12 May 2009

Forthcoming Art 82 case

Apparently tomorrow the Commission will issue its Intel decision. Anticipating a finding of abuse, there is a working paper anticipating the decision from the AAI, here.

Bar the size of the undertaking, I am not sure that this decision raises any big legal issues. What will be interesting to observe is how much more sophisticated the analysis will be. It seems the likely abuses are pretty standard exclusionary stuff designed to foreclose the entry of a particular firm.

Good luck to those who will read it - it will likely be as long as the Microsoft decision. Legal issues and analysis hidden/blurred by countless passages of technological information.

21 April 2009

No recoupment in predatory pricing claims

In France Télécom v Commission (Case C-202/07 P, judgment of 2 April 2007), the ECJ disagreed with the Advocate General and agreed with my earlier blog posting (I am under no illusion that the ECJ is aware of my blog) that recoupment is not a pre requisite for a finding of price predation. There are three salient points in this judgment.

1. Objective evidence of a plan to eliminate competition
The Court confirms that you can use an undertaking's internal documents to furnish evidence of a predatory strategy. Wrong, I think.

2. A restatement of Article 82 principles
Paragraphs 103-114 are at the heart of the issue under appeal and also offer a restatement of the ECJ's approach to Article 82. I leave it to others to reflect on how much the ECJ's view tallies with that in the Commission's Guidance Paper.

3. Recoupment
The basic reason why recoupment isn't needed is that the aim of Article 82 is to protect a competitive market structure. Thus harm to the competitive process, not harm to consumer welfare is the factor that motivates Article 82, contrary to the views of the Advocate General.
Unfortunately the Court also inserted paragraph 111 which says that the Commission may find a reason to use proof of likely recoupment in certain cases: (a) when pricing is below AVC and the defendant advances an objective justifictaion, the likelihood of recoupment may be used to deny the defence (highly unlikely); (b) when prices are below ATC and above AVC then proof of recoupment can serve to show that there is eliminatory intent. (This I think is wrong because it does not sit well with the principle that you want to protect the competitive process. Though you might argue that if one is keen to punish predation when it threatens the competitive process, any proof of a 'plan' to damage competition is unnecessary because it is a poor proxy.

14 April 2009

The Speeches of Commisioner Kroes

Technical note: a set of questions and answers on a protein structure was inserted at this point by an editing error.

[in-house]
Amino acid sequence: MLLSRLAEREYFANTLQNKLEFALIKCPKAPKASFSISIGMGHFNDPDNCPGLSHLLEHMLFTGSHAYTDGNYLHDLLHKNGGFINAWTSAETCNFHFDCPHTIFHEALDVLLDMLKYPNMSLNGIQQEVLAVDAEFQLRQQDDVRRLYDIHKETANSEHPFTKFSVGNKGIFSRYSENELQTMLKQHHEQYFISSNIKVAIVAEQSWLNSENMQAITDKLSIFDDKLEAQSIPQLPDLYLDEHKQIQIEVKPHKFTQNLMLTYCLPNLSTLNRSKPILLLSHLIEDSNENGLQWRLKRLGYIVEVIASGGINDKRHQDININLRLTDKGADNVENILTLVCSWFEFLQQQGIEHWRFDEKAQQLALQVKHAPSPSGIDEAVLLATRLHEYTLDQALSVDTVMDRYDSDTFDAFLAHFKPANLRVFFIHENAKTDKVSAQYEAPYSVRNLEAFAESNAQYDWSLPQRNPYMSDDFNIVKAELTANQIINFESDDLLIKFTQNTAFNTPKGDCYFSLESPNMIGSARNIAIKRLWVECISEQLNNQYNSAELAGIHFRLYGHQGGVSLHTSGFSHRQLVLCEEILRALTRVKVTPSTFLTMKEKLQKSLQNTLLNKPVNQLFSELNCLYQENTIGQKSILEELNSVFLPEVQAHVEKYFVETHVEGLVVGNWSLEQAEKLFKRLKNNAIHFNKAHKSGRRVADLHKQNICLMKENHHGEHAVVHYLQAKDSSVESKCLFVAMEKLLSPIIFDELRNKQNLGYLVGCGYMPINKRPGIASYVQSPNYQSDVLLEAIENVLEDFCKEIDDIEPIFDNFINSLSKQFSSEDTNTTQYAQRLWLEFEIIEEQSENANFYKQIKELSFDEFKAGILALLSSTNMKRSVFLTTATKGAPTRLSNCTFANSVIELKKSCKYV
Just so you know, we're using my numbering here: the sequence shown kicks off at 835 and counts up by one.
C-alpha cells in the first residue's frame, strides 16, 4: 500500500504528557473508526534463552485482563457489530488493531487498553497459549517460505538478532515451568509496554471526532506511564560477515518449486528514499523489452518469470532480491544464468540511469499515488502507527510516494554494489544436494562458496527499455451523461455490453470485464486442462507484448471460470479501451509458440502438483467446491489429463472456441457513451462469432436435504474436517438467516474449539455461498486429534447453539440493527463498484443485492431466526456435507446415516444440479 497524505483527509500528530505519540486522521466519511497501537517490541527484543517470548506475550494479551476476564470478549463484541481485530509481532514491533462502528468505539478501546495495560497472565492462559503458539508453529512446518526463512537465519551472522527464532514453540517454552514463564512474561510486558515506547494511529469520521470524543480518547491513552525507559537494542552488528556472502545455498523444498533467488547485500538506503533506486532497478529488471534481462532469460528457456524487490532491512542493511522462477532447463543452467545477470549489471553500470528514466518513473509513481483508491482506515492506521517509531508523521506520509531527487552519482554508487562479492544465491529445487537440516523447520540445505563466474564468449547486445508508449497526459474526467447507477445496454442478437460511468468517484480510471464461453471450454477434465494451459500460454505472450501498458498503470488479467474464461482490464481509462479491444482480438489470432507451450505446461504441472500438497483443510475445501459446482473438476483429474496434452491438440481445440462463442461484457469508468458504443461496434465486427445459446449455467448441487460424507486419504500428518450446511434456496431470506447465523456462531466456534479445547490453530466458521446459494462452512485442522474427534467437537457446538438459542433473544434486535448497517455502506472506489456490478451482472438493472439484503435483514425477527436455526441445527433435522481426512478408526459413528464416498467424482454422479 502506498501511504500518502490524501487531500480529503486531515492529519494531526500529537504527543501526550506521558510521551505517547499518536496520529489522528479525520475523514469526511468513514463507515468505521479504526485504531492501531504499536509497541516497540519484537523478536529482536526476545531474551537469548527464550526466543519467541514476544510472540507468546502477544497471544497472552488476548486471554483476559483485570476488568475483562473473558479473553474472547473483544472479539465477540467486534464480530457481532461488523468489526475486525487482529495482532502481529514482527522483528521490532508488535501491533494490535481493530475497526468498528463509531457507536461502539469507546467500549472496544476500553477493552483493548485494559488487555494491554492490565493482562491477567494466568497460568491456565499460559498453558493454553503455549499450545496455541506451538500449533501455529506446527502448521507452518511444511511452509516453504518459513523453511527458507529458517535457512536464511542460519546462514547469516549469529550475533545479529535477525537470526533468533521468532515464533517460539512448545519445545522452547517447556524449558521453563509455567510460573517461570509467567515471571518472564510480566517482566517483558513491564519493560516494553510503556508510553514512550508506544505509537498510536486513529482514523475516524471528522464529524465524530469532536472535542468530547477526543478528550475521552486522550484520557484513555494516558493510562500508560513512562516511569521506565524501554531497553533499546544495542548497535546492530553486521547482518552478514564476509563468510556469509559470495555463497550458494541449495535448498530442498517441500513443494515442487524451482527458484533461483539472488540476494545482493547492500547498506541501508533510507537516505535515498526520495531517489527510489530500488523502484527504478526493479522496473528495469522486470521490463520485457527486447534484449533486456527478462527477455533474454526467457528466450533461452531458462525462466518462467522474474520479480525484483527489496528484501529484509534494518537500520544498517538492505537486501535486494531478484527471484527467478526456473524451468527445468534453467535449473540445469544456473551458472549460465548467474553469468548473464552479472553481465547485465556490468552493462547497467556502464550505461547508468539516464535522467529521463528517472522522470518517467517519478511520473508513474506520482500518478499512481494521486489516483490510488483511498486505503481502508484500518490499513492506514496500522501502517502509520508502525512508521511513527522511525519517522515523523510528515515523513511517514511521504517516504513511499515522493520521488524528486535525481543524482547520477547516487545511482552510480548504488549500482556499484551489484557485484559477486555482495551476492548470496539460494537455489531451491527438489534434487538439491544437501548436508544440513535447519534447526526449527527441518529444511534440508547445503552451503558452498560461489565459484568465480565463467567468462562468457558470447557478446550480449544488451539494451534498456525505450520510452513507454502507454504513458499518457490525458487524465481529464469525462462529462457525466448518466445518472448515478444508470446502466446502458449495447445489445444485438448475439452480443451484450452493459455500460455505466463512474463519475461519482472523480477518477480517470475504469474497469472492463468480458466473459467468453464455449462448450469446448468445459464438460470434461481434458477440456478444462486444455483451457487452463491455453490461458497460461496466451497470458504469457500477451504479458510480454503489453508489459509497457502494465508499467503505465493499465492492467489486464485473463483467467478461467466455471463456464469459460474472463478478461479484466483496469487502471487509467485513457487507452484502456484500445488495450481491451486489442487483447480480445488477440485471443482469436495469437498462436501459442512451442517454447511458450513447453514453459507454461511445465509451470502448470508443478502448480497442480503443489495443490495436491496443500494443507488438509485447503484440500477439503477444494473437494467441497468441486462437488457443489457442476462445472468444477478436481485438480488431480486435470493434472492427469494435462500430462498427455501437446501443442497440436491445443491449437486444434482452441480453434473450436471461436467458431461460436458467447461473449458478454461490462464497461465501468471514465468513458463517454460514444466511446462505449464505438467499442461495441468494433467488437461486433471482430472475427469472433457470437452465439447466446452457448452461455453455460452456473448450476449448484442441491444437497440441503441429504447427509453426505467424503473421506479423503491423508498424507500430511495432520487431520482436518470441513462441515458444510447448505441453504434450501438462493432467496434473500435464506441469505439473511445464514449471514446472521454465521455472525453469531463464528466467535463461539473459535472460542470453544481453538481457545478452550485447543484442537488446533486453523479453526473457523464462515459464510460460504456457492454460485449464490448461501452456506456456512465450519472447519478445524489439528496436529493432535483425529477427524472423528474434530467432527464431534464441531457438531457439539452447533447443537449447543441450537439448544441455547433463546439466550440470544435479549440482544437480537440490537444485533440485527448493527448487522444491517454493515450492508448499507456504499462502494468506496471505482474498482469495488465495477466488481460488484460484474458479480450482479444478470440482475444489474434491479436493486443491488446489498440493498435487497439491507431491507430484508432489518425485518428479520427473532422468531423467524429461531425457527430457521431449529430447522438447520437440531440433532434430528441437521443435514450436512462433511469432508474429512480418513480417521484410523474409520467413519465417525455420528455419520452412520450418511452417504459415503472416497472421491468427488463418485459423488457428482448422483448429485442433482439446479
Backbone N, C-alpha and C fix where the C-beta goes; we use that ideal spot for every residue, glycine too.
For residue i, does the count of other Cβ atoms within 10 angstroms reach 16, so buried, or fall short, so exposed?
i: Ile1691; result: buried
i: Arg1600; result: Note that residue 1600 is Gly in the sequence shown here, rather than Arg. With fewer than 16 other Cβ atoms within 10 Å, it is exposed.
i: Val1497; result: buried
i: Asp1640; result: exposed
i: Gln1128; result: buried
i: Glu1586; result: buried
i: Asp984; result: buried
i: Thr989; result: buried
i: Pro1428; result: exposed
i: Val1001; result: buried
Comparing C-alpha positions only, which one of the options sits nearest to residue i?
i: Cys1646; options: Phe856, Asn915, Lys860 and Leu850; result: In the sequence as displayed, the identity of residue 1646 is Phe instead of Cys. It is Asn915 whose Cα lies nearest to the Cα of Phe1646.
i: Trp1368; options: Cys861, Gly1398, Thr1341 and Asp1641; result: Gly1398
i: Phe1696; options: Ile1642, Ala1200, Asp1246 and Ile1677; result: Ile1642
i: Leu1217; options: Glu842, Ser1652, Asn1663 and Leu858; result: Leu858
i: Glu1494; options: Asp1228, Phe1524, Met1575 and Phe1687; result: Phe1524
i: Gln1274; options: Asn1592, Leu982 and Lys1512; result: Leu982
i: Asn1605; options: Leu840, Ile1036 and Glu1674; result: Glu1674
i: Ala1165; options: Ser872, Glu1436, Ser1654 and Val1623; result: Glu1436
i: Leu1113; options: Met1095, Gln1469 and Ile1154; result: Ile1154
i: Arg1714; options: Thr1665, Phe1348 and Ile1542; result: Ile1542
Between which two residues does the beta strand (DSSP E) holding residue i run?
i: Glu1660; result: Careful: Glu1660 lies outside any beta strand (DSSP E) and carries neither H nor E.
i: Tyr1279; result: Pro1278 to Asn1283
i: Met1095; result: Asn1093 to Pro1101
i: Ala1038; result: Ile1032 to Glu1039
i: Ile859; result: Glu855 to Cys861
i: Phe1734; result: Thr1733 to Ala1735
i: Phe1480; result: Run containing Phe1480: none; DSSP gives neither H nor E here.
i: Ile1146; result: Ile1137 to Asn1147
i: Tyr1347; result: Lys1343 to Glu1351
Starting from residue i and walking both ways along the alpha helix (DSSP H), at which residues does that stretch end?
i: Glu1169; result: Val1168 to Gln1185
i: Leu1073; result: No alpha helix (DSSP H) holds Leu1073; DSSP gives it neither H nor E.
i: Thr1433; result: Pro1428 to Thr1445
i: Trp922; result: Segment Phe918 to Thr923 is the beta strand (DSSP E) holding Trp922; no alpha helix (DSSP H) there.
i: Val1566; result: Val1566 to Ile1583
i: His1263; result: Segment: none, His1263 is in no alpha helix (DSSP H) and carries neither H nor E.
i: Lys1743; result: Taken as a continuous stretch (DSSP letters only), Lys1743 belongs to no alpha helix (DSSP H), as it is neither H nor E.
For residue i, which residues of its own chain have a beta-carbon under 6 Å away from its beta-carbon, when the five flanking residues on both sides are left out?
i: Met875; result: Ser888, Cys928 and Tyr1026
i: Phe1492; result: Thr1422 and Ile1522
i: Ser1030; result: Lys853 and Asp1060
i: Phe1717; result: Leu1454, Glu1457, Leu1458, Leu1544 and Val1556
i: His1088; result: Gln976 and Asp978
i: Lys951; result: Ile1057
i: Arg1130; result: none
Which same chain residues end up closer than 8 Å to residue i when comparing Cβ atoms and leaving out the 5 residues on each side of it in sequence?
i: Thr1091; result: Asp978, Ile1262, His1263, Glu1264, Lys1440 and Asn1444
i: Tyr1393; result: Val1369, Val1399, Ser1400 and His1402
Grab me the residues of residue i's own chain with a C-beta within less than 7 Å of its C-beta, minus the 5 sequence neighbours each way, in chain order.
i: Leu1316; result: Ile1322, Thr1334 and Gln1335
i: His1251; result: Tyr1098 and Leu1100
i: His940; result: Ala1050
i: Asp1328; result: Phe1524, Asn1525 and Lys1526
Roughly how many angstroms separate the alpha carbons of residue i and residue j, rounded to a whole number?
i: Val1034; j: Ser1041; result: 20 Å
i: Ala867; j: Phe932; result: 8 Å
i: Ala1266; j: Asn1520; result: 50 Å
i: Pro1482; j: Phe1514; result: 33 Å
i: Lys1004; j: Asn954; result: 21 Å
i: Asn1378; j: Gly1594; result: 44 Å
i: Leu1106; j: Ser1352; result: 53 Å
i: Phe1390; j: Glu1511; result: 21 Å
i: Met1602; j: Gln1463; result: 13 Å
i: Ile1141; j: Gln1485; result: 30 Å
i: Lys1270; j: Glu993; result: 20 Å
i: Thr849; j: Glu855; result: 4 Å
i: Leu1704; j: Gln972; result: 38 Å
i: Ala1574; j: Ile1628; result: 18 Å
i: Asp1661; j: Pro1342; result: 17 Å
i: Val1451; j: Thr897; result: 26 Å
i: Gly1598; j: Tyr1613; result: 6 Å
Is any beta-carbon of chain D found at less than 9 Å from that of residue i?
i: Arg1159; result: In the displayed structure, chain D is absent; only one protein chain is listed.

The speeches of Neelie Kroes are hard hitting and delivered with good humor. Of late the outgoing Commissioner has upped the entertainment value in her public pronouncements. Those wanting punchy quotes to adorn their essays would do well to look at the speech she gave on 30 March 2009 at the Economic Club of Toronto: 'The crisis and the road to recovery.' The layout is like a free verse poem, here are some of the more quirky lines:

"It may seem crazy to draw a line between this belief in a shared humanity and competition policy, but if you will indulge me – that is what I will try to do this morning." (candidate for a future exam question)

"Do we have complete answers to the current problems? No, I would be a rich woman if I did have the answers!" (not as good as the 'known unknowns' of another gifted speaker)

"We cut down the red tape and favoured pragmatism over some of the ideas and processes that had put competition policy in a ghetto marked 'for lawyers only'." (but a pretty well remunerated ghetto of practitioners)

"After four years – when the financial and then economic crisis hit - the systems were lean and fast and ready to deal with a moving target. It's an approach that Wayne Gretzky calls 'skating to where the puck is going to be, not to where it has been.'" (the speech has another quote from the great man, plus a reference to Margaret Atwood)

"We aren't about to let EU Member States create inefficient national champions so they can patch up their pride.
Nor do we want to see two struggling banks cripple each other through a botched merger, or create another bank that is 'too big to fail.'
So it is business as usual in merger control – for all our sakes."
(serious point here - line 2. The Commission does not necessarily have the power to prevent a merger that causes a bank to become too big to fail. Such a bank need not have market power but is so interconnected in the financial system that its failure would spell disaster across the banking sector. So, is she hinting that the Commission may be prepared to intervene in a case where the merger does not substantially impede effective competition but where the merged entity is too big to fail?')

'Tough love is certainly the way to describe our subsidy control in banking and other sectors.' (another future exam question)

'We are working like hell to make recovery happen in Europe.' (puzzled looks from the audience)

'I want us to be able to turn around and look our grandchildren in the eyes and say that we did the right thing by them. ' (audience by now wiping tears away)